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Howard v. Goodwin

United States District Court, W.D. Arkansas, Texarkana Division

December 17, 2018

JACKIE DORAIL HOWARD PLAINTIFF
v.
LISA GOODWIN, Manager, Whataburger; CHARLES BLACK, District Attorney, Miller County, Arkansas; DETECTIVE BRIAN TRIBBLE, Texarkana Arkansas Police Department; and SERGEANT ZACHERY WHITE, Texarkana Arkansas Police Department DEFENDANTS

          ORDER

          SUSAN O. HICKEY UNITED STATES DISTRICT JUDGE

         Before the Court is Defendant Charles Black's Motion to Dismiss. (ECF No. 18). Plaintiff has filed a response. (ECF No. 21). The Court finds this matter ripe for consideration.

         I. BACKGROUND

         Plaintiff is currently an inmate in the Miller County Detention Center (“MCDC”) in Texarkana, Arkansas. On September 12, 2018, Plaintiff filed his Complaint pursuant to 42 U.S.C. § 1983. (ECF No. 1). His application to proceed in forma pauperis was granted the same day. (ECF No. 3). In addition to Black, Plaintiff names Lisa Goodwin, Brian Tribble, and Zachery White as Defendants in this lawsuit.

         Defendant Black is employed by the State of Arkansas as a prosecuting attorney in Miller County, Arkansas. Plaintiff alleges that his constitutional rights were violated when he was “accused…of stealing out of a business …I didn't do it.” Plaintiff states as a result, he was arrested and incarcerated based on charges that were eventually nolle prossed. (ECF No. 1, pp. 4-7). In addition, Plaintiff states that he was forced to accept three years of probation for a crime he did not commit, was threatened by the District Attorney with the Habitual Offender's Act, was retaliated against by the District Attorney's Office, and mistakenly had his parole revoked. (ECF No. 1, pp. 15-18).

         Plaintiff attached the Criminal Information sheet from his criminal case signed by Defendant Black for the theft of property charge and the supporting Affidavit of Defendant Brian Tribble, dated June 7, 2018, to his Complaint.[1] Plaintiff is suing Defendant Black in his individual and official capacities. He is seeking compensatory and punitive damages and states that he would like Defendant Black to “[d]o [a]way” with his probation, fines, and assessments in Miller County. (ECF No. 1, p. 14).

         Defendant Black argues in the instant Motion to Dismiss that Plaintiff failed to state any claim against him because, as a prosecuting attorney, he is entitled to both sovereign and absolute immunity. In addition, he states that Plaintiff's allegations are barred as a matter of law by Heck v. Humphrey, 512 U.S. 477 (1994) and that the Court should not exercise supplemental jurisdiction of the state law claim of false imprisonment. (ECF No. 18). Plaintiff filed a Response stating that “the Fraud[u]lent Accusations of Lisa Goodwin in The Police Report generated by Detectives Brian Tribble and Sergeant Zachary White Insinuated felonious Activities Perpetrated by Another Indivi[d]ual that Legally and Publicly Impugh [sic] my char[c]ater, and stole my freedom.” (ECF No. 21). Plaintiff does not mention Defendant Black in his Response.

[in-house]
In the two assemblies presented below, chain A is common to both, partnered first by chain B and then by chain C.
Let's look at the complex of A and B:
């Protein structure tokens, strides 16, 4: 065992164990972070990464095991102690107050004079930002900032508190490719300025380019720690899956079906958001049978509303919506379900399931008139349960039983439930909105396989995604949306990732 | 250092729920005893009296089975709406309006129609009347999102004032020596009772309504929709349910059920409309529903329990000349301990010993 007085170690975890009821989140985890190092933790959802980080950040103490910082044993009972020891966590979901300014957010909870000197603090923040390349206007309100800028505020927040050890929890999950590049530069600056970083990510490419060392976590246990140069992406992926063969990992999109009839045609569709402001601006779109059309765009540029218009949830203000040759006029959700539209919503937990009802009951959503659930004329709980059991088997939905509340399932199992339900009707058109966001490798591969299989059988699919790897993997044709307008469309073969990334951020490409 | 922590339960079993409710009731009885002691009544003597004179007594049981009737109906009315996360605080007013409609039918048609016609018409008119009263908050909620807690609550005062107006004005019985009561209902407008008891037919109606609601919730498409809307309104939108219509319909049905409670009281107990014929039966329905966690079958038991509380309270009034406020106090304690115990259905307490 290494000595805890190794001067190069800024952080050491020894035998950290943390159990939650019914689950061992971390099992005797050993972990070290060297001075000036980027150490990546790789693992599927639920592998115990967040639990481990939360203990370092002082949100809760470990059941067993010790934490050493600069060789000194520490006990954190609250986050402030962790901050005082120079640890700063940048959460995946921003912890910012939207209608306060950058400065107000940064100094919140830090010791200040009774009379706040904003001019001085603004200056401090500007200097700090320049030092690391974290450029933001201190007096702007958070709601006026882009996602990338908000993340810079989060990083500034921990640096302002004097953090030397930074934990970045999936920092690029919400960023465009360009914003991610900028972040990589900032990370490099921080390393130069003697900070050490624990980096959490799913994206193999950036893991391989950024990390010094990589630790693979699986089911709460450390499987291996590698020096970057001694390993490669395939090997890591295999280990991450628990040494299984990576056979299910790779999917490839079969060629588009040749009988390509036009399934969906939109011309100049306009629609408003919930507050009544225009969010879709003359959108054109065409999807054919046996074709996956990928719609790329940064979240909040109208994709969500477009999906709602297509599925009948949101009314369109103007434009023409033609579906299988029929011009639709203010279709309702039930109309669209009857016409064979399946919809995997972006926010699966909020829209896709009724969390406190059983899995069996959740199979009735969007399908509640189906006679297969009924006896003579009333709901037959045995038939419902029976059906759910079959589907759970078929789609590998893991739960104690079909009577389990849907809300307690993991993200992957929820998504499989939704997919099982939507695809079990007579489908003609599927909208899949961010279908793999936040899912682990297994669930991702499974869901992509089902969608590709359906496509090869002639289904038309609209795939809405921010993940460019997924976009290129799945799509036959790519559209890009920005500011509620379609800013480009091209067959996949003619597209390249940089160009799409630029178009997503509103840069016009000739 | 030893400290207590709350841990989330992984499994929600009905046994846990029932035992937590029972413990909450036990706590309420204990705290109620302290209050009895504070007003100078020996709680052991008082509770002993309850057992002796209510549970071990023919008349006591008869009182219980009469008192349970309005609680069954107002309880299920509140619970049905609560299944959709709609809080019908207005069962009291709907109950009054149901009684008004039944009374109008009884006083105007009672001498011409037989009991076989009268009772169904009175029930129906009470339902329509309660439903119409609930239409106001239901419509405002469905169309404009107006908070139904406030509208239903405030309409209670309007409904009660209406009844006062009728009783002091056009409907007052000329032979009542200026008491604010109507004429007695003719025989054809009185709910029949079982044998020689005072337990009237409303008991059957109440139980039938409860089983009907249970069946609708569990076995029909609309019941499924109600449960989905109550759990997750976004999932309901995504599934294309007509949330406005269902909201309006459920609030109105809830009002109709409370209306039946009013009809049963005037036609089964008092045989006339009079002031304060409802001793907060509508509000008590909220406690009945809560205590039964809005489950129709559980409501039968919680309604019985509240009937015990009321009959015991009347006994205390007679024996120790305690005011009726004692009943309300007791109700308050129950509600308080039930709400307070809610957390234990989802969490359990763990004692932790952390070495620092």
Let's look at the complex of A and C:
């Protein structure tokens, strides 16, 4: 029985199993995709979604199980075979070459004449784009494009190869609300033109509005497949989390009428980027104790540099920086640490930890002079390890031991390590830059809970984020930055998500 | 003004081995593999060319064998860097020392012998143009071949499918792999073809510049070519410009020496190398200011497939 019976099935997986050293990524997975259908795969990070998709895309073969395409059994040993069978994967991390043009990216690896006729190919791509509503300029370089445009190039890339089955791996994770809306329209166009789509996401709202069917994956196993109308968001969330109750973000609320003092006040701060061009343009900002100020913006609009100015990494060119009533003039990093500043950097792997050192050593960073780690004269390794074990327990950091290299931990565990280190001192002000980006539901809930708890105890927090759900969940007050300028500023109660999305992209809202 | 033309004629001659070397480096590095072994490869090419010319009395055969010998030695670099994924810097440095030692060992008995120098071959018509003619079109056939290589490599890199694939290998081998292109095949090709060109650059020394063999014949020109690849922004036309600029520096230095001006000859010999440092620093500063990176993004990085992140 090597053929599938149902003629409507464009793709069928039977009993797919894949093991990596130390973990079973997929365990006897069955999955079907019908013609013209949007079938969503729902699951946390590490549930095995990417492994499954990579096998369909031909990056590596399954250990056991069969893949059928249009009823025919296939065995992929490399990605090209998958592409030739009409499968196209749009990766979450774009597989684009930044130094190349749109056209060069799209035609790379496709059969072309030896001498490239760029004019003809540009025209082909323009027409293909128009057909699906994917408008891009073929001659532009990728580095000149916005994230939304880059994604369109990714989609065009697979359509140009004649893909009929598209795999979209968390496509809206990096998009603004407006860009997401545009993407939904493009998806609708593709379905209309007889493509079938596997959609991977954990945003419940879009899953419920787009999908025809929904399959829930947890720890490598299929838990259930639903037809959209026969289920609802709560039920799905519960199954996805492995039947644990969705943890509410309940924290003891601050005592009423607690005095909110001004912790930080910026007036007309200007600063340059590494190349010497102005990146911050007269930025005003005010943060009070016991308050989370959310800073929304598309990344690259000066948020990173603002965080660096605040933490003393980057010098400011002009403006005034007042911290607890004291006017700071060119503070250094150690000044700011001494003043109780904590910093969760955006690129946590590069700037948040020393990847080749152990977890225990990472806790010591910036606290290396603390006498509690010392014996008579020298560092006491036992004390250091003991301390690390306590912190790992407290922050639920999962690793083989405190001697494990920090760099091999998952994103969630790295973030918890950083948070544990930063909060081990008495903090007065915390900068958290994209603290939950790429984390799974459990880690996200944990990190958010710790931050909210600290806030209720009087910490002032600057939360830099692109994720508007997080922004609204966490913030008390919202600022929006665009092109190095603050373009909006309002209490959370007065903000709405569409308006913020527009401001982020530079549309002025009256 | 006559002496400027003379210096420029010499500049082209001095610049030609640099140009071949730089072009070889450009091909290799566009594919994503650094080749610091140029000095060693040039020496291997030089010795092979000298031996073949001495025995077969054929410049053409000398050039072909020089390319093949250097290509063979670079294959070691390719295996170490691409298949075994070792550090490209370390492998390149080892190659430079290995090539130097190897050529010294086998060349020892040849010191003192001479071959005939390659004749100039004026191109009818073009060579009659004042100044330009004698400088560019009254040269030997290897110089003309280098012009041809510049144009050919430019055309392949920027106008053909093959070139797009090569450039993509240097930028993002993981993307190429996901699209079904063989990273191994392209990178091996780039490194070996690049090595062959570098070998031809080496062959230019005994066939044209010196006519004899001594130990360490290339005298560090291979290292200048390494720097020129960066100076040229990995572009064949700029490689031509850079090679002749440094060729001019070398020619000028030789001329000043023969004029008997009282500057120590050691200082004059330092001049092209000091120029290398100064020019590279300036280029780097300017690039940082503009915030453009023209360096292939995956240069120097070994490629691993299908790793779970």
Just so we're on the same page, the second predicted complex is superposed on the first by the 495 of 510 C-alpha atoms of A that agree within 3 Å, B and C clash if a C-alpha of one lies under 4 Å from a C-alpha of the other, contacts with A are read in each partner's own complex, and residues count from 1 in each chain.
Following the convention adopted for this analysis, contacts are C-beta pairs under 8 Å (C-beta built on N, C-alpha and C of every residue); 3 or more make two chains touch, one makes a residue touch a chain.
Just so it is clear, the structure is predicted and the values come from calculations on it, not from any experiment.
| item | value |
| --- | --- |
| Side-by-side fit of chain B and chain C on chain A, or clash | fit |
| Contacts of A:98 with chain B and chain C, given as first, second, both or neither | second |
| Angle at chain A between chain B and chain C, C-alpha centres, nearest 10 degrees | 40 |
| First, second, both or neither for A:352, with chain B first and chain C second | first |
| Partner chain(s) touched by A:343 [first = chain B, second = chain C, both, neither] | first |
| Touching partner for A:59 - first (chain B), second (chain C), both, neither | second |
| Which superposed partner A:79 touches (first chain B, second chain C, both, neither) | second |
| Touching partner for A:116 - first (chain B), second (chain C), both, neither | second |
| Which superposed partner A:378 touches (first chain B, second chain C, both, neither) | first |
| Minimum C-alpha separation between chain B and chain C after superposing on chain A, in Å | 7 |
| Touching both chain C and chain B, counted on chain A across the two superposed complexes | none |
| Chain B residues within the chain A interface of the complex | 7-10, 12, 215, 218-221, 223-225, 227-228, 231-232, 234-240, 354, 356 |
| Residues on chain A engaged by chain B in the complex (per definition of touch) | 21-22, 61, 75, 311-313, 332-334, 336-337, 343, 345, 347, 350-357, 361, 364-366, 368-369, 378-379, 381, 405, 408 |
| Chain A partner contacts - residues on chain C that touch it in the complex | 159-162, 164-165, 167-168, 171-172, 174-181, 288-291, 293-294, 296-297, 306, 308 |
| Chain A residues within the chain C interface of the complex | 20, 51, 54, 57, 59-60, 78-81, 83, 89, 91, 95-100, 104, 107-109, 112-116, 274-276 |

II. APPLICABLE LAW

         Rule 8(a) contains the general pleading rules and requires a complaint to present “a short and plain statement of the claim showing that the pleader is entitled to relief.” Fed.R.Civ.P. 8(a)(2). “In order to meet this standard, and survive a motion to dismiss under Rule 12(b)(6), ‘a complaint must contain sufficient factual matter, accepted as true, to state a claim for relief that is plausible on its face.'” Braden v. Wal-Mart Stores, Inc., 588 F.3d 585, 594 (8th Cir. 2009) (quoting Ashcroft v. Iqbal, 556 U.S. 662, 678 (2009)). “A claim has facial plausibility when the plaintiff pleads factual content that allows the court to draw the reasonable inference that the defendant is liable for the misconduct alleged.” Ashcroft, 556 U.S. at 678. While the Court will liberally construe a pro se plaintiff's complaint, the plaintiff must allege sufficient facts to support his claims. See Stone v. Harry, 364 F.3d 912, 914 (8th Cir. 2004).

         III. DISCUSSION

         Plaintiff alleges that Defendant Black violated his civil rights when Defendant Black charged him with a crime he did not commit and then, after the charges were dropped, retaliated against him by revoking his probation.

         A. Immunity

         As previously stated, Defendant Black is employed by the State of Arkansas as a prosecuting attorney in Miller County, Arkansas. The United States Supreme Court in Imbler v. Pachtman, 424 U.S. 409 (1976), established the absolute immunity of a prosecutor from a civil suit for damages under 42 U.S.C. § 1983 “in initiating a prosecution and in presenting the State's case.” Id. at 427. This immunity extends to all acts that are “intimately associated with the judicial phase of the criminal process.” Id. at 430; see also Buckley v. Fitzsimmons, 509 U.S. 259 (1993) (holding that a prosecutor acting as an advocate for the state in a criminal prosecution is entitled to absolute immunity while a prosecutor acting in an investigatory or administrative capacity is only entitled to qualified immunity).

         In addition, “A claim for damages against a state employee in his official capacity is barred under the Eleventh Amendment.” Andrus Ex Rel. Andrus v. Arkansas, 197 F.3d 953, 955 (8th Cir. 1999) (citing Will v. Michigan Dept. of State Police, 491 U.S. 58 (1989)). As such, a state official sued in his official capacity is protected by the sovereign immunity of the Eleventh Amendment from all claims except equitable relief. Reynolds v. Dormire, 636 F.3d 976, 981 (8th Cir. 2011). Based on the allegations in his Complaint, all actions ...


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